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There are state crimes, and then there are federal crimes. Federal crimes are those crimes that violate federal law. They are tried at the federal court level and often involve much more serious penalties than those crimes tried at the state level. Crimes tried at the federal level are prosecuted with the backing of the federal government and all of its resources. Here is more of what you need to know about federal criminal charges.

Federal Criminal Charges

Most of the time, federal crimes are those involving a federally regulated activity. This includes things like the U.S. postal service. Mail tampering is a federal crime. Airplanes are regulated at the federal level and so something like plan hijacking would be tried at the federal level. Those accused of tax evasion are also going to be tried at the federal level.

Whether a crime will be tried in federal court depends on jurisdiction. Federal courts will have jurisdiction over federal crimes. Federal crimes are not only tried at the federal level, but are also subject to federal investigation. This means that federal crimes will be investigated by federal government agencies such as the FBI, DEA, NSA, and Board Patrol. While federal government agencies will likely lead the investigation, there is often collaboration in working with state law enforcement as well.

So, federal crimes are tried in federal court and investigated by federal agencies. They are also prosecuted by U.S. attorneys. The burden of proof for federal crimes, however, remains the same as it is at the state level. The U.S. attorney prosecuting the case must prove guilt of the crime beyond a reasonable doubt.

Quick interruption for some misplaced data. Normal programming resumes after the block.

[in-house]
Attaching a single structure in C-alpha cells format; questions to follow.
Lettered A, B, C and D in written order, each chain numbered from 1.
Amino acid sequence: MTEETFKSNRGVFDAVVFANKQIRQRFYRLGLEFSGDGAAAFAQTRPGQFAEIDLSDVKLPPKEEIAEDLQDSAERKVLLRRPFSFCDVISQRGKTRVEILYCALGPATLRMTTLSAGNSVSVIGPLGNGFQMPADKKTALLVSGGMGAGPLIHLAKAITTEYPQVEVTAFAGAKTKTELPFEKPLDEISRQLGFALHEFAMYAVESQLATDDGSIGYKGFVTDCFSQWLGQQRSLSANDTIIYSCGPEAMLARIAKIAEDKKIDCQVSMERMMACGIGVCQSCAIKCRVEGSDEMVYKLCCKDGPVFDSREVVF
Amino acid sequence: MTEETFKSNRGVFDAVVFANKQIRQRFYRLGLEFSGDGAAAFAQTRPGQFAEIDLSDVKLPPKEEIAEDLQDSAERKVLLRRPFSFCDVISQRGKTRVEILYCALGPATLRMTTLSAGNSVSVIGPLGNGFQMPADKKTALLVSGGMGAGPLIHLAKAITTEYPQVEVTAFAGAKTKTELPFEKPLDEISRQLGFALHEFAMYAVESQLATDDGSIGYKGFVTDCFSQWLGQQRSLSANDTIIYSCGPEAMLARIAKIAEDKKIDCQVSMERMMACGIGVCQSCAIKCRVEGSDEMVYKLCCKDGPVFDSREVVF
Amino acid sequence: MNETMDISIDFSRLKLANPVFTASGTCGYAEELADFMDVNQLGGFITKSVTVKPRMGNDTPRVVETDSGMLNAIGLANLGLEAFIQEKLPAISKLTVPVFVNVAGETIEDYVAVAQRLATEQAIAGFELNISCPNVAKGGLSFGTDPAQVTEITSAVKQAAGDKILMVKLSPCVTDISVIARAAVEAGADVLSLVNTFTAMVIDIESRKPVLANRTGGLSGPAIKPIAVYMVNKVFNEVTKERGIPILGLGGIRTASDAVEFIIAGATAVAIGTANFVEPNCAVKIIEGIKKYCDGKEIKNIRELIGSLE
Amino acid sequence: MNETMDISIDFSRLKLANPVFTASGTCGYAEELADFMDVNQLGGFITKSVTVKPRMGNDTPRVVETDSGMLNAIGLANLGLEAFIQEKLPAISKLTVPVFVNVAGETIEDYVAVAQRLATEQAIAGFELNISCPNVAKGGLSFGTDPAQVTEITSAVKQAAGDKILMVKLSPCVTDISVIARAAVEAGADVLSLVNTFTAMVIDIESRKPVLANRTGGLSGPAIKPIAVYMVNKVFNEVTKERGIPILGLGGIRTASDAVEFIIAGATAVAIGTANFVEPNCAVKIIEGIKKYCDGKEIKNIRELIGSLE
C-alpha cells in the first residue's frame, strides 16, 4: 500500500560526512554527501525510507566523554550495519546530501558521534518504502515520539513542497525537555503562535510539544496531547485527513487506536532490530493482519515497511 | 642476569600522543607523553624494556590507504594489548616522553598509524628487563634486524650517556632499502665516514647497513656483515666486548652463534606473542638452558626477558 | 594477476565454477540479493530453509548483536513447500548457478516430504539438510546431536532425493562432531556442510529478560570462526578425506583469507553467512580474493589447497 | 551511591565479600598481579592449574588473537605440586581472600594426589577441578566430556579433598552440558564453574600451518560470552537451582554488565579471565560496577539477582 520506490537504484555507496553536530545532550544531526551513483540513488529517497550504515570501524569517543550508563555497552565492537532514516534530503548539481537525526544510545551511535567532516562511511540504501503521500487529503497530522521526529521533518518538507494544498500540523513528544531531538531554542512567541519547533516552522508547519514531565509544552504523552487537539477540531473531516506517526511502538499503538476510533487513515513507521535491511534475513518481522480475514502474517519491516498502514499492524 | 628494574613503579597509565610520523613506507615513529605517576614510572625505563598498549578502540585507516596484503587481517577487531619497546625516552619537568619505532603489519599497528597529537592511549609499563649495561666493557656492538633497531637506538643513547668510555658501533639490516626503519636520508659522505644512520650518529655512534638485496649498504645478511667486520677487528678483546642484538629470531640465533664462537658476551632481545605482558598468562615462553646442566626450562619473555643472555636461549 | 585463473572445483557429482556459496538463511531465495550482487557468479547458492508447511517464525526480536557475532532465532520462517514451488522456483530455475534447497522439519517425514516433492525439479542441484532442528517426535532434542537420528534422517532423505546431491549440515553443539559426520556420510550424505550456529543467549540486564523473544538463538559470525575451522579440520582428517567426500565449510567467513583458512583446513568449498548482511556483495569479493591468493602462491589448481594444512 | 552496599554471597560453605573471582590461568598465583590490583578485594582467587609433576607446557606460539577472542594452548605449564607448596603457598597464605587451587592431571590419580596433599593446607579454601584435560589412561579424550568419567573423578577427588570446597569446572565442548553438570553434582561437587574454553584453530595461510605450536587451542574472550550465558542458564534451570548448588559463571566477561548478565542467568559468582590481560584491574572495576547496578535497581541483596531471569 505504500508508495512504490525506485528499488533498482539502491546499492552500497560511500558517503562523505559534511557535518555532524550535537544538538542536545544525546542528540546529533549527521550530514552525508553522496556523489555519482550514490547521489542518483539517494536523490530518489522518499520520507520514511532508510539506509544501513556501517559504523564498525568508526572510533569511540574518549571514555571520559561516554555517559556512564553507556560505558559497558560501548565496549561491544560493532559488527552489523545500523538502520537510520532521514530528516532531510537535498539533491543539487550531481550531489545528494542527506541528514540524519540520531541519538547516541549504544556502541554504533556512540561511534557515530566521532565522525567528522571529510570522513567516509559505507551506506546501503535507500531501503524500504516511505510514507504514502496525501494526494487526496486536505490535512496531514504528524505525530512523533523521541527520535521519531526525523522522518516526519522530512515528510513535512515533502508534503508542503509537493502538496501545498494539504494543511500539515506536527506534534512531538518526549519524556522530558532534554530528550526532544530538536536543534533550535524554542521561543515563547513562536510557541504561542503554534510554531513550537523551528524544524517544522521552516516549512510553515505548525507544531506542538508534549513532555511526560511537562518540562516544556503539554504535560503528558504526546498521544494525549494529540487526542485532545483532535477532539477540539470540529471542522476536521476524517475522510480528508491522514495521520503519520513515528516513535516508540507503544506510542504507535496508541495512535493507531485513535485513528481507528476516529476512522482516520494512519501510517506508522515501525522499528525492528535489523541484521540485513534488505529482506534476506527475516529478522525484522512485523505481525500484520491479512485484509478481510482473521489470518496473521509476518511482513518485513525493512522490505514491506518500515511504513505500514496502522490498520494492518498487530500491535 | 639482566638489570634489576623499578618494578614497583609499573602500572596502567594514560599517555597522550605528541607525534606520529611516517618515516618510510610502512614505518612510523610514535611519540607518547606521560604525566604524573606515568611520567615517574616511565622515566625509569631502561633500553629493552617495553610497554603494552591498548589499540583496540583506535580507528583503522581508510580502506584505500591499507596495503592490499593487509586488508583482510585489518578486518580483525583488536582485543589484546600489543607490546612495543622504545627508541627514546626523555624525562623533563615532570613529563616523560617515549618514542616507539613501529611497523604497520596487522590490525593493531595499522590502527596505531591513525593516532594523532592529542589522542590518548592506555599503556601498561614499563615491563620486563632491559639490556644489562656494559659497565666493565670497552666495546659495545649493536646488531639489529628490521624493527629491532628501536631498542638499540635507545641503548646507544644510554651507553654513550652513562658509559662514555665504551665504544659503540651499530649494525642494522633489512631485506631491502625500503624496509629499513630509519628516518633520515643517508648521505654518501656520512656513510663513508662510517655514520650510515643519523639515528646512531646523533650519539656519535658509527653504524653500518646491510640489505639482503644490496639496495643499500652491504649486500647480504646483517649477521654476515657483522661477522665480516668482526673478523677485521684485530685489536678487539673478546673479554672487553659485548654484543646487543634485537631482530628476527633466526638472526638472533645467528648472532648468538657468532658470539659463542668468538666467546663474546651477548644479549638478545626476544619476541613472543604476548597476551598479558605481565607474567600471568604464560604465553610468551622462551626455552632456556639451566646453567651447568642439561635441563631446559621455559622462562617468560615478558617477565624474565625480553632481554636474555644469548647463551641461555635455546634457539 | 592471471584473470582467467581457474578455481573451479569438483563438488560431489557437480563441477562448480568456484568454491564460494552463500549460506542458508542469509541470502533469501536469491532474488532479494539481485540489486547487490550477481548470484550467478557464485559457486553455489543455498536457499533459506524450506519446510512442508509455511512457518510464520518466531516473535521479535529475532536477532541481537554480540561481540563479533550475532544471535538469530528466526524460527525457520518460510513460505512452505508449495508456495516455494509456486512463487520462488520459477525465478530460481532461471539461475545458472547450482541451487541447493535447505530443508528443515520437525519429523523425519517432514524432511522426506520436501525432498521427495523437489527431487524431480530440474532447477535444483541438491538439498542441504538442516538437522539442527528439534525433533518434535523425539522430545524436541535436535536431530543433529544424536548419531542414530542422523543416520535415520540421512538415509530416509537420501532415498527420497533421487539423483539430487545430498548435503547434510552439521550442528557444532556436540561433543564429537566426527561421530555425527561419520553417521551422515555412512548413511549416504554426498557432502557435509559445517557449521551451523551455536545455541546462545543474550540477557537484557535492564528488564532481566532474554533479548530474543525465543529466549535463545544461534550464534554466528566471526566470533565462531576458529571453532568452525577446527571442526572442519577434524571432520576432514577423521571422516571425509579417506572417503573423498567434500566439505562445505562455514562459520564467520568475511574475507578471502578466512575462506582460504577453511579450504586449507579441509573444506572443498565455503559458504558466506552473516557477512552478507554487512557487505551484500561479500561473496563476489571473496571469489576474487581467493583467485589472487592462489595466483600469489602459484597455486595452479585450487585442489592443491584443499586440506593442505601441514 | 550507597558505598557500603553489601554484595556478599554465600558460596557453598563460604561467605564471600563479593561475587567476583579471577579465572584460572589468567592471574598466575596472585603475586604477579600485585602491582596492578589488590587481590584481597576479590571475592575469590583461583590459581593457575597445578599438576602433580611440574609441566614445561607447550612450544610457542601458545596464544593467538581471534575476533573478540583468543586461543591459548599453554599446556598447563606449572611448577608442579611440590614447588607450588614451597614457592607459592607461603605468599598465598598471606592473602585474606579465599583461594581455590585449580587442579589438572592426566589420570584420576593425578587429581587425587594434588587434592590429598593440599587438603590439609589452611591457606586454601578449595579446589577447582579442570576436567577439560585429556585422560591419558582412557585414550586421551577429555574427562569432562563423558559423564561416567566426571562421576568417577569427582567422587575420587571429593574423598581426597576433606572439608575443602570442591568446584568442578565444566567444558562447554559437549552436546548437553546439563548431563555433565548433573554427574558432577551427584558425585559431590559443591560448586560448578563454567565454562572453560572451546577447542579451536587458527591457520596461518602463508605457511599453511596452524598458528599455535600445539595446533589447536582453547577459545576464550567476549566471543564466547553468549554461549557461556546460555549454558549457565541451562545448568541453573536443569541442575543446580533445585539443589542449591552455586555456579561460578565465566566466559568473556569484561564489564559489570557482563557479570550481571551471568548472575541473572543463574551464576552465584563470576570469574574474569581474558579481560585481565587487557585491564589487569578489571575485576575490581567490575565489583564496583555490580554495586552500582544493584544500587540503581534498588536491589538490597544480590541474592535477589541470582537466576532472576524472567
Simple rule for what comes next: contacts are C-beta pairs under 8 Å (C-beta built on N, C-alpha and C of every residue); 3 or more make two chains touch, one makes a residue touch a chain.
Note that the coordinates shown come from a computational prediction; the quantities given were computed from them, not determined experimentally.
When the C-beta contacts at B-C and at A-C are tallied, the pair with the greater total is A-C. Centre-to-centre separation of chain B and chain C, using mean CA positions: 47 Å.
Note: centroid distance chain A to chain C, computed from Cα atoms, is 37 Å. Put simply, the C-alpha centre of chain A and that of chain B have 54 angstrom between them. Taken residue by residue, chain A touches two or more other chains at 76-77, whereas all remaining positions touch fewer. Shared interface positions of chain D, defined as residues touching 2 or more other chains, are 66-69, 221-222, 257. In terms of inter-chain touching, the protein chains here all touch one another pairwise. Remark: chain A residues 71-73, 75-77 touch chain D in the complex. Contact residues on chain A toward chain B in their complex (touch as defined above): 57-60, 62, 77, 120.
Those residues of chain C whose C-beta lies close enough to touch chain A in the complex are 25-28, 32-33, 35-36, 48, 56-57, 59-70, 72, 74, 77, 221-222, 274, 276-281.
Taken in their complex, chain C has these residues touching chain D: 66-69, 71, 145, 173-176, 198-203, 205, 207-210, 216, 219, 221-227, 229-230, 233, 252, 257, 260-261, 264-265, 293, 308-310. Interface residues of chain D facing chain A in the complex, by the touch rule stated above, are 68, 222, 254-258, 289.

Federal crimes will also be subject to the sentencing guidelines of the federal court and the federal court procedures. Federal courts have their own sentencing guidelines and procedures. It is similar to state court sentencing guidelines in the way that sentences are evaluated based on the seriousness of the crime. The more serious or heinous the crime, the higher the level of offense and the more serious the sentencing is likely to be. Every federal crime has a base level and the crime charged can be raised based on exacerbating circumstances surrounding the specific criminal action involved in the charge.

A defendant’s criminal history will also be taken into account in sentencing. A defendant’s criminal history is reviewed and they are then assigned a category. There are six categories of criminal defendants, all assigned a roman numeral. The least severe category is Category I and it is assigned for the majority of first time offenders. Conversely, the most severe category is Category VI and it is assigned to the most serious category of offenders. These are offenders with extensive criminal histories and those who have a history of committing serious crimes.

Criminal Defense Attorneys

Federal court is serious business. If you have been charged with or being investigated for a federal crime, do not delay in contacting Navarrete & Schwartz. We are proud to serve the residence of Midland, Texas. Contact us today.